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May 4, 2020

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I hope this finds you well.  Thank you all for your encouraging words and feedback to the staff surrounding these emails.  We think about you all often, love you very much and miss you greatly.  One reminder:  if you do not get a specific response from one of us after you reply to these emails we thank you broadly and specifically right now.  Your replies are forwarded to us but do not come with an email address…just the name.  We read every one of them and they help us stay motivated to try to keep you encouraged.  

Congregational Updates

Al Brummel is turning 70 on Friday. The family is unable to visit him and would like to send 70 cards to him. If you are interested in sending him a birthday card, please send it to:
Al Brummel
4118 Kalamazoo Ave
Grand Rapids, MI 49508

Vern Leeuw is celebrating his 90th Birthday today, drive past their home (330 N Franklin St) and honk your horn to wish him a Happy Birthday. 

Devotional Thought


If you haven’t picked up on this, I will give away my secret.  For the “checking in” emails I write, I am trying to use very well known scripture passages.  This is not because I don’t want to look deeper, quite the contrary, it’s because I want you to remember just how much you already know.  Passages become familiar for a reason – because they are powerful, memorable, and reassuring.  But things that are memorable and reassuring often trigger nostalgic understanding instead of a deeper look.  

You’ve heard me say many times over the years something like this:  “This is a very familiar passage to many of you.  For today, I’m asking you to listen to it again for the first time.”  Just like songs and smells “bring us back” to a time and a place where they were significant, so familiar scripture passages bring us back.  But they can also move us forward and allow them to be wisdom that transformed us and be wisdom that continues to make us new again.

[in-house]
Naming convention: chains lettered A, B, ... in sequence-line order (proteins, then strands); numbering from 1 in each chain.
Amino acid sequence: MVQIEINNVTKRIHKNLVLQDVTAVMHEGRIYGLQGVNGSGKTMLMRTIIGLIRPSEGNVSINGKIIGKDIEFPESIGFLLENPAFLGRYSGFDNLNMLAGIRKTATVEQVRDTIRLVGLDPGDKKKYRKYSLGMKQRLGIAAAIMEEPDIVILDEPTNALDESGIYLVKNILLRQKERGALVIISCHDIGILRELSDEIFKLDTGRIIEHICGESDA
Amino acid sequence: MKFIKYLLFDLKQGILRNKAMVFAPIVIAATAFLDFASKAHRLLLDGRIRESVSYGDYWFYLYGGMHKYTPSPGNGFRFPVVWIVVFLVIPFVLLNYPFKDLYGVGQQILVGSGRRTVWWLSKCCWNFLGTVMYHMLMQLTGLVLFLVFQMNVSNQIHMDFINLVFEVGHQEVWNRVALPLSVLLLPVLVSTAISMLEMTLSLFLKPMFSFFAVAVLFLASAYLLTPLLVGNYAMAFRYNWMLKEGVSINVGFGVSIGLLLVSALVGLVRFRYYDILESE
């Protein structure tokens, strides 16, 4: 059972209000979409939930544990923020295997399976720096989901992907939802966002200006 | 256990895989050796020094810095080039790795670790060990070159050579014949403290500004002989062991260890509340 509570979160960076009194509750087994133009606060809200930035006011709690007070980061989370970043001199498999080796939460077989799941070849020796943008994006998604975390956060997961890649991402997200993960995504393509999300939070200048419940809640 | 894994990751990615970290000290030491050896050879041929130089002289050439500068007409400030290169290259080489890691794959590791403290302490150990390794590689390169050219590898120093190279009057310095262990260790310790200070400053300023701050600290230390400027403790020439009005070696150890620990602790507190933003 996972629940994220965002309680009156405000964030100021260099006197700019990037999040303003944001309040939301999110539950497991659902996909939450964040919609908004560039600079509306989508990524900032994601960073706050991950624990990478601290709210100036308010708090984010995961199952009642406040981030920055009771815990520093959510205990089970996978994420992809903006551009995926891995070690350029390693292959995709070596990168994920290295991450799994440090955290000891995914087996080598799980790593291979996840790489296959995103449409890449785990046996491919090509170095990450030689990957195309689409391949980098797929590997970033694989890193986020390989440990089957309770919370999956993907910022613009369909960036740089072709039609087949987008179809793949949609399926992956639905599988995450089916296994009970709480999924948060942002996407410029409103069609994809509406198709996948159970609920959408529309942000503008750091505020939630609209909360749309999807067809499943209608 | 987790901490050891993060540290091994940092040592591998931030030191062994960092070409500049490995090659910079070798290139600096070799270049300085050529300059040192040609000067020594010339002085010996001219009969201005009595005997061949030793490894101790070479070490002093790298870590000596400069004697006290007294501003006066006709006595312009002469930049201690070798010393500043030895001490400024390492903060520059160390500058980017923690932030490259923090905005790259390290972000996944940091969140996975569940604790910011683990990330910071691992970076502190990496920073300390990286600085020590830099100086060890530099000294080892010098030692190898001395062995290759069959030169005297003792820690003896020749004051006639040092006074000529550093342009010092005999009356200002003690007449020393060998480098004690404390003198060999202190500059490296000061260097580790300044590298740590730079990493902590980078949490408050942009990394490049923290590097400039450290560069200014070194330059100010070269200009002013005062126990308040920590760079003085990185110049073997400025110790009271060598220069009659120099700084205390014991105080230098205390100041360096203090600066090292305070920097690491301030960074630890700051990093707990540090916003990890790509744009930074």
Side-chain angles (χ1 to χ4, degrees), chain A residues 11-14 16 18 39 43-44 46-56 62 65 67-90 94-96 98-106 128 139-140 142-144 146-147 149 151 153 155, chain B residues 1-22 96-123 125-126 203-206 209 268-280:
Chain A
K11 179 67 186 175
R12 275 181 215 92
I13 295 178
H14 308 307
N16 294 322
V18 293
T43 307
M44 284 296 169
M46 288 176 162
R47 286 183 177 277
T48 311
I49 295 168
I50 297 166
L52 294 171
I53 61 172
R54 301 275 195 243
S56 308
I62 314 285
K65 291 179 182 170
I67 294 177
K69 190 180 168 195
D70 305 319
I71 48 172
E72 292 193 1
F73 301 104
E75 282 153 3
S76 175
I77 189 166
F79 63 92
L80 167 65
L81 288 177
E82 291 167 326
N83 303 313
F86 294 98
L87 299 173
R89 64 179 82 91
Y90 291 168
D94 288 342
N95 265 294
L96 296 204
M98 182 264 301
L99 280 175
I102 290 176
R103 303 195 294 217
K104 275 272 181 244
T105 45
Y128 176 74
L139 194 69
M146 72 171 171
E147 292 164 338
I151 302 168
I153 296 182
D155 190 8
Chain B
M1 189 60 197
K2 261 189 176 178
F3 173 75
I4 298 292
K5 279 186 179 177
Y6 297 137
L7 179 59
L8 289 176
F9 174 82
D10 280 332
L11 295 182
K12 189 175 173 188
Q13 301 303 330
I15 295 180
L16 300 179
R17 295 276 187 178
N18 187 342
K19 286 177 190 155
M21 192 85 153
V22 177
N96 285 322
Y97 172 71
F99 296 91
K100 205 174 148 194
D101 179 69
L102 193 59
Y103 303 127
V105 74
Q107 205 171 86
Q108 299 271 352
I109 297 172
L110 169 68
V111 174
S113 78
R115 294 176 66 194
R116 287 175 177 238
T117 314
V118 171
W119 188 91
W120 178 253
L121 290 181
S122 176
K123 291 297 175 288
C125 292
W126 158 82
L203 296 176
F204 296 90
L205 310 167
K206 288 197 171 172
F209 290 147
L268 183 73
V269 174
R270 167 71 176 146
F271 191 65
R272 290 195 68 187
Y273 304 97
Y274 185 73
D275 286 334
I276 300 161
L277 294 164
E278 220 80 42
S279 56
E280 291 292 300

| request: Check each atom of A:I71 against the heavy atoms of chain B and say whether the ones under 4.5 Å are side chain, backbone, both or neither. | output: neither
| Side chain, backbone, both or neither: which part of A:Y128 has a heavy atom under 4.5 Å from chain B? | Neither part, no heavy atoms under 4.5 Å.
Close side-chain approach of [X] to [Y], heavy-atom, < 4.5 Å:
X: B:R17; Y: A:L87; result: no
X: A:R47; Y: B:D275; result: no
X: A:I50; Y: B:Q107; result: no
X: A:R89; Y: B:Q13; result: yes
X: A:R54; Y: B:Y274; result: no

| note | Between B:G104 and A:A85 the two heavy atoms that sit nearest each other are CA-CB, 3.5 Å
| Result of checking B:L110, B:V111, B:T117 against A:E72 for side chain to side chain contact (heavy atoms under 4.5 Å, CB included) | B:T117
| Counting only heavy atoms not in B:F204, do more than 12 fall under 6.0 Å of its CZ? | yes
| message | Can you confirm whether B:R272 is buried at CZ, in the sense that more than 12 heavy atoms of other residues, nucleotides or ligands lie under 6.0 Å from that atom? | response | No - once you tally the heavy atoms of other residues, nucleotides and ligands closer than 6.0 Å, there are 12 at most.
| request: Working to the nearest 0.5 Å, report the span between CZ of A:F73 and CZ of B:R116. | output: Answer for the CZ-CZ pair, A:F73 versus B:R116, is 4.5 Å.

Here’s a familiar passage.  

Proverbs 3:5-6 says:

5Trust in the Lord with all your heart

and lean not on your own understanding;

6in all your ways submit to him,

and he will make your paths straight. 

Most of us learned it in Sunday school, a devotional, in a small group, or because it was written on a greeting card.  And usually, this passage is shared with you to remind you that “God will work it out, He’s in control and you need not worry.”  And…it does mean that.  But there is more.

I’m not a big fan of speakers or writers who begin with a statement like this:  Webster’s Dictionary defines such and such a word like this.  So, I’m not going to do that.  But I am going to define a word for you.  I have studied this word for many years, in the original languages for scripture, in other writings, in scriptural context and experientially.  With that in mind, I would like you to consider this definition and they re-read Proverbs 3:5-6, paying particular attention to the first word in verse 5.

Definition of Trust:  Trust is giving someone something they can hurt you with and believing they won’t.

With each of my injuries and surgeries, I had to trust the one making the diagnosis, the anesthesiologists, intake nurses, scrub nurses, surgical nurses, and surgeons.  And, in retrospect, barring one surgeon (not in this state) my trust was well-founded.  I had to believe they would not harm me but would indeed help me.  I gave them my pain and in the case of surgery, my consciousness, and even life and believed they wouldn’t harm me.  On two occasions a surgeon had to make a “call on the fly” while I was unconscious without my explicit consent.  In both cases, the decision was right.

Fourteen times I’ve had to trust myself to others.  I gave them something they could hurt me with and believed they wouldn’t.

When I married Lyn, the same thing.  My heart, my psyche, my relational capacity…all entrusted to her.   

Now, read Proverbs 3:5-6 again.  

5Trust in the Lord with all your heart

and lean not on your own understanding;

6in all your ways submit to him,

and he will make your paths straight. 

It’s harder than it seems on the surface, isn’t it?  Giving God something He can hurt you with and believing He won’t is easier to say than do.  Submitting to His will over mine by trusting my will and wellbeing to Him over trusting them to myself is no small task.

But, God is the only person in the universe (and He is a person) who has never made a mistake, never broken a promise, and said anything at all that wasn’t true.  If we trust Him, truly trust Him with everything we have even beyond what we think we know (our own understanding), if we submit to Him in everything, we will walk a straight path.

God is not done.  He hasn’t given up on us and He is doing something bigger than we can ask or imagine.  I can’t wait to see it and witness it with all of you.

Pastor Trent

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